The current rules about the payment of dividends are set out in the Companies Act 2006. This states, “a dividend or distribution to shareholders may only be made out of profits available for the purpose”.
If you ever find yourself in a position in the future where your company cannot pay its taxes, this could be a result of taking too much as dividends, and there are certain things that you have to consider.
Before we move on, there are many aspects to consider when you are a UK contractor taking dividends from your company. These include:
- The dividend allowance.
- Illegal dividends (this article).
When should I pay dividends?
You may ask how often can I take dividends from my company. There is no right time as such for your business to pay dividends to you. You can draw these whenever and how often you choose, providing there is sufficient profit. Most limited company contractors will take their dividends once per month or perhaps once a quarter.
In terms of the paperwork for dividends, technically, you can create a dividend voucher each time you declare a dividend. You may wonder what are dividend vouchers and to explain, this is an official document which shows the details of the dividend payment and is signed by a director of the company.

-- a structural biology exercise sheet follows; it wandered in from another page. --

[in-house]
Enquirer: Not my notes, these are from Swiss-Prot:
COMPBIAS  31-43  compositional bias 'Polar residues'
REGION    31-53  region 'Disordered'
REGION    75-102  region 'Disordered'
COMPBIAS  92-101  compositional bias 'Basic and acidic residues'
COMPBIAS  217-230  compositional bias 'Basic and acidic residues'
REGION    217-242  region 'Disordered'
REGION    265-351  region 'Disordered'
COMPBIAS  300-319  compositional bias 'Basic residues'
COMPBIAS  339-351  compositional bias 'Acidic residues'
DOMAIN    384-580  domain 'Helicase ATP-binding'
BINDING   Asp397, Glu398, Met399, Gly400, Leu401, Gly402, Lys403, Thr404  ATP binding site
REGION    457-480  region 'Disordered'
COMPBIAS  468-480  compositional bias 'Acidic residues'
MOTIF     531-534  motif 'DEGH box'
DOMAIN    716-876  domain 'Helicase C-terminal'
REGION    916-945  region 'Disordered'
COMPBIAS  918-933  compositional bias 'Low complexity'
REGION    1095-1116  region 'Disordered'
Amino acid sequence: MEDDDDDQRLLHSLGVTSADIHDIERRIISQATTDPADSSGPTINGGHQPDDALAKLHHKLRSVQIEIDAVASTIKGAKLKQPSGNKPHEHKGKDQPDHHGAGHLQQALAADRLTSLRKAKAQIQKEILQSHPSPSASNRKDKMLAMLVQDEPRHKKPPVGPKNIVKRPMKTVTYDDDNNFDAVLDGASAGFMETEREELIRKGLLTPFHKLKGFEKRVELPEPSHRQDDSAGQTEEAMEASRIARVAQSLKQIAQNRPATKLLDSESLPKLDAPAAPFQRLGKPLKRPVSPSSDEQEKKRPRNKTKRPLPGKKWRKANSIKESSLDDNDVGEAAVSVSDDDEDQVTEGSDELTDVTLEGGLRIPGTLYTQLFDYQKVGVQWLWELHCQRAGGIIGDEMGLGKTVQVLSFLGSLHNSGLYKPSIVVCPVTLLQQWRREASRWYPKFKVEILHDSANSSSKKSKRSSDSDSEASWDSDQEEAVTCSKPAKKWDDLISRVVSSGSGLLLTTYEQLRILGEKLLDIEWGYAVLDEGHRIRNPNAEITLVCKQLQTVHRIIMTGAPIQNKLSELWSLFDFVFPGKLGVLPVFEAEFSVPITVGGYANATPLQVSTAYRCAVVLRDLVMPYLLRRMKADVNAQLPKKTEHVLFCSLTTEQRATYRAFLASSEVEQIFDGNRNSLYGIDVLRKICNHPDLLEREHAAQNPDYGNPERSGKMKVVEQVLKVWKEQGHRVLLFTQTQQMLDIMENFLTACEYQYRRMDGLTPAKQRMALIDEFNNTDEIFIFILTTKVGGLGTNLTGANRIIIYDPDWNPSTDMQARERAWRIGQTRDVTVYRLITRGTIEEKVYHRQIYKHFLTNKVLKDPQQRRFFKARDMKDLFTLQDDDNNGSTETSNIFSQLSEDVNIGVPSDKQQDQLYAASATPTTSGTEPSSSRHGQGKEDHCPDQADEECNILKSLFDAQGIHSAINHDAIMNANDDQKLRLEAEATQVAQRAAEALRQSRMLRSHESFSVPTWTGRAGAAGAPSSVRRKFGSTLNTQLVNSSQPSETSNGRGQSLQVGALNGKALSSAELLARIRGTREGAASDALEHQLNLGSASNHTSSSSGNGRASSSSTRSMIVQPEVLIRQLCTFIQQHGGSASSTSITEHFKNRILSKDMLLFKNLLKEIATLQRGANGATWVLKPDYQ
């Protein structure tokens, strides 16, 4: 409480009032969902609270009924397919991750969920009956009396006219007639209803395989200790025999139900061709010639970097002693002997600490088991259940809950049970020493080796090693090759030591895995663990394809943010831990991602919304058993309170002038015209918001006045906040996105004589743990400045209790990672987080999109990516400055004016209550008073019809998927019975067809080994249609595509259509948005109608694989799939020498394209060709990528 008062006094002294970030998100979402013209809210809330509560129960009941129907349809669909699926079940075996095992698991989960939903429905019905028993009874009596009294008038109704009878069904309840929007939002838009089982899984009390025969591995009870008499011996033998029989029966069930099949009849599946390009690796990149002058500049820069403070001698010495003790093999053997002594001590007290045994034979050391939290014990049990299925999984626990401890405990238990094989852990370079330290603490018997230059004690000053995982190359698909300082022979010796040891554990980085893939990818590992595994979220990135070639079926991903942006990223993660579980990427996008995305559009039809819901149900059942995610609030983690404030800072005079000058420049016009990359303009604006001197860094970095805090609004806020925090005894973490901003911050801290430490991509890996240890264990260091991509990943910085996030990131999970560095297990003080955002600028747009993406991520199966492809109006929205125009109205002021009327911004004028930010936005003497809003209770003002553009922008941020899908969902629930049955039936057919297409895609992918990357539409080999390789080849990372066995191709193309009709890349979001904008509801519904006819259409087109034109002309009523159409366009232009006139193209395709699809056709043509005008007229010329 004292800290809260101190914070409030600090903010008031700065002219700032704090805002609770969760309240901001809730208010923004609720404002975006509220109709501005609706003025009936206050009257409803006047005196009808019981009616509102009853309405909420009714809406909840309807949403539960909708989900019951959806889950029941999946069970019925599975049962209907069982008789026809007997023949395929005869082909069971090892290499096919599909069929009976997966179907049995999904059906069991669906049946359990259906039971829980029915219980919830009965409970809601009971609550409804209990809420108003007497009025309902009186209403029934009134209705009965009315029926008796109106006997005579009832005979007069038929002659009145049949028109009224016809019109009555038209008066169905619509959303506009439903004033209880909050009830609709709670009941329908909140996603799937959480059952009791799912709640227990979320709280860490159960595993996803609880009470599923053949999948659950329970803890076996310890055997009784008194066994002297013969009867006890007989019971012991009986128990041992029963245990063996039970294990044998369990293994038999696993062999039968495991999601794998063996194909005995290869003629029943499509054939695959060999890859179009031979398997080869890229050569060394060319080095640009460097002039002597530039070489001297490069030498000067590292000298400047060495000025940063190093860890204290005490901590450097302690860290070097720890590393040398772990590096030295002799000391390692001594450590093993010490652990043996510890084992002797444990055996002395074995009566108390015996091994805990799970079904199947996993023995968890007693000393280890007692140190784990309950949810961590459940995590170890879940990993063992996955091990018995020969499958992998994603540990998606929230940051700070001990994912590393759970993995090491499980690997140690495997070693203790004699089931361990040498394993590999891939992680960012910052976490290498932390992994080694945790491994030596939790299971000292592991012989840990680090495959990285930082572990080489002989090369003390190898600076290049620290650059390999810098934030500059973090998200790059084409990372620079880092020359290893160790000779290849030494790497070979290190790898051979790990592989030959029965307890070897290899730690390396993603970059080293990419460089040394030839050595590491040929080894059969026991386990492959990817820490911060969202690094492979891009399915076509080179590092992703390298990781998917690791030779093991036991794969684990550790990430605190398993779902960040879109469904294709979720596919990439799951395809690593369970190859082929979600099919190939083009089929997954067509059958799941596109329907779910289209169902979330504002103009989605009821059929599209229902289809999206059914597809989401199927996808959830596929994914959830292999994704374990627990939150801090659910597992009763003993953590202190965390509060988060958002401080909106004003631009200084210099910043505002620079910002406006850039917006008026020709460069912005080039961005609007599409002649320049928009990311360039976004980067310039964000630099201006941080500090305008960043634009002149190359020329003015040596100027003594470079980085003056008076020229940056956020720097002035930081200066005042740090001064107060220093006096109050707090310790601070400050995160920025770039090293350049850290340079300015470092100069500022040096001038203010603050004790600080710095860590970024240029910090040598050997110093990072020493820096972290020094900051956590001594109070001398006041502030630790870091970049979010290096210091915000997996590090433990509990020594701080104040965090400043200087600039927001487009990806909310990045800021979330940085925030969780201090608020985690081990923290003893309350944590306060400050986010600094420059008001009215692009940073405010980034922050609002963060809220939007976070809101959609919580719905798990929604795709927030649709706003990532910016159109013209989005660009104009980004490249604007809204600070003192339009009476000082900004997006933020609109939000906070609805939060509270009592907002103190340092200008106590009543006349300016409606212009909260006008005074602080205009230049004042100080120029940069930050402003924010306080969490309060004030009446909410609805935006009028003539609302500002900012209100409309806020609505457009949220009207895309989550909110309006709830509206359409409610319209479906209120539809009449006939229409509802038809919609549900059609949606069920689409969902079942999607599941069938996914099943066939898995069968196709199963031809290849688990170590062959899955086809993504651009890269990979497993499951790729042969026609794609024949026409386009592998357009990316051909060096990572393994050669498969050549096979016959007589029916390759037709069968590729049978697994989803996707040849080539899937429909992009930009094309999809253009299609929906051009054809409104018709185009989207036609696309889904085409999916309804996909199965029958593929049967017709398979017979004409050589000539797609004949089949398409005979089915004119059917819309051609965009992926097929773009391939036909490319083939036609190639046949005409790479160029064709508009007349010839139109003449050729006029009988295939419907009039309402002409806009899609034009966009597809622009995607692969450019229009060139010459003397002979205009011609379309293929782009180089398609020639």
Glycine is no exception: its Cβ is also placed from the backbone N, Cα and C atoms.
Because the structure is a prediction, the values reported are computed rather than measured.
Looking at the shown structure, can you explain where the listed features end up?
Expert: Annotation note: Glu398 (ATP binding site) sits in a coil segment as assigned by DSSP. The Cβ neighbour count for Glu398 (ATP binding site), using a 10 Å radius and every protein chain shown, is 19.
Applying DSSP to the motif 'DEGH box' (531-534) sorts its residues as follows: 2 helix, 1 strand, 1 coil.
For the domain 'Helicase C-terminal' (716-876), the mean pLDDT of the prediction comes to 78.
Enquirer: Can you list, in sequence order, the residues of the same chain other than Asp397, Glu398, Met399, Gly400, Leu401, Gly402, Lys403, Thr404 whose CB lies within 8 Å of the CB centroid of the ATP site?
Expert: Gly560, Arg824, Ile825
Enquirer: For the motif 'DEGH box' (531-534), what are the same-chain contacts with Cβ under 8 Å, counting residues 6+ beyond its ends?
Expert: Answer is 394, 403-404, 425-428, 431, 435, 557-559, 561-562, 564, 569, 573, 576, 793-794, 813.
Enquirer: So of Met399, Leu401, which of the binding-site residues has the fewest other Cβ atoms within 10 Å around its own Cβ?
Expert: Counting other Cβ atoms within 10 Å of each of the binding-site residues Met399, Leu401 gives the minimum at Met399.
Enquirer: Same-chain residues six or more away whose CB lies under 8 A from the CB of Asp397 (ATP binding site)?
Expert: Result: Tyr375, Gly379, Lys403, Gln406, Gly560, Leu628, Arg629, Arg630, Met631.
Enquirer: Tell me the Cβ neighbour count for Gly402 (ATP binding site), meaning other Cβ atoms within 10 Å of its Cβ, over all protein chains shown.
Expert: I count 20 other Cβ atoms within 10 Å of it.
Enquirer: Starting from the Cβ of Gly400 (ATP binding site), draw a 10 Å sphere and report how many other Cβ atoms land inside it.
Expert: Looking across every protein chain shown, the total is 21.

You can file the dividend voucher with your personal tax records. The voucher will then be available to show to third parties if the need arises in the future.
As a contractor, you are likely to declare and pay the dividend at the same time.
In real life, a third party is not likely to ever ask to see the dividend vouchers. Therefore, you or your accountant can prepare minutes of meetings at your company year-end. These will approve the dividends that you pay during the financial period. If you require dividend vouchers in the future, you can draw these up then.
Illegal dividends (HMRC) -when you draw too much
In most scenarios, when you take dividends from your contracting company, this is a simple process to perform. However, you may, by accident, on occasion take too many dividends.
When you take more dividends than are available in profit, the business’s financial position will show an overall loss. This loss is then, in effect, due to unlawful dividends. Therefore, you will be liable to repay this amount in the future.
The unlawful dividends Companies Act 2006 makes provisions for illegal or unlawful dividends. Notably, the Companies House Act 2006 states, “a dividend or distribution to shareholders may only be made out of profits available for the purpose”.
Can I take dividends from previous years profits?
When you are trading you may make an overall loss one year or another for a variety of reasons. In this case, can you take dividends if you make a loss? When your company has some previous year’s profits that are still on the Balance Sheet then these can be paid as dividends in the future. This will, however, depend on when the business has these funds as liquid cash i.e., so far as the funds are not tied up in company assets such as fixed assets (car, computer equipment, etc) or investments.
It is important to highlight that company profits are only taxed once and this is in the year that the business generates these. Therefore, if all of those funds have not been paid out as expenses, salaries, or distributed as dividends then they will be distributable in the future.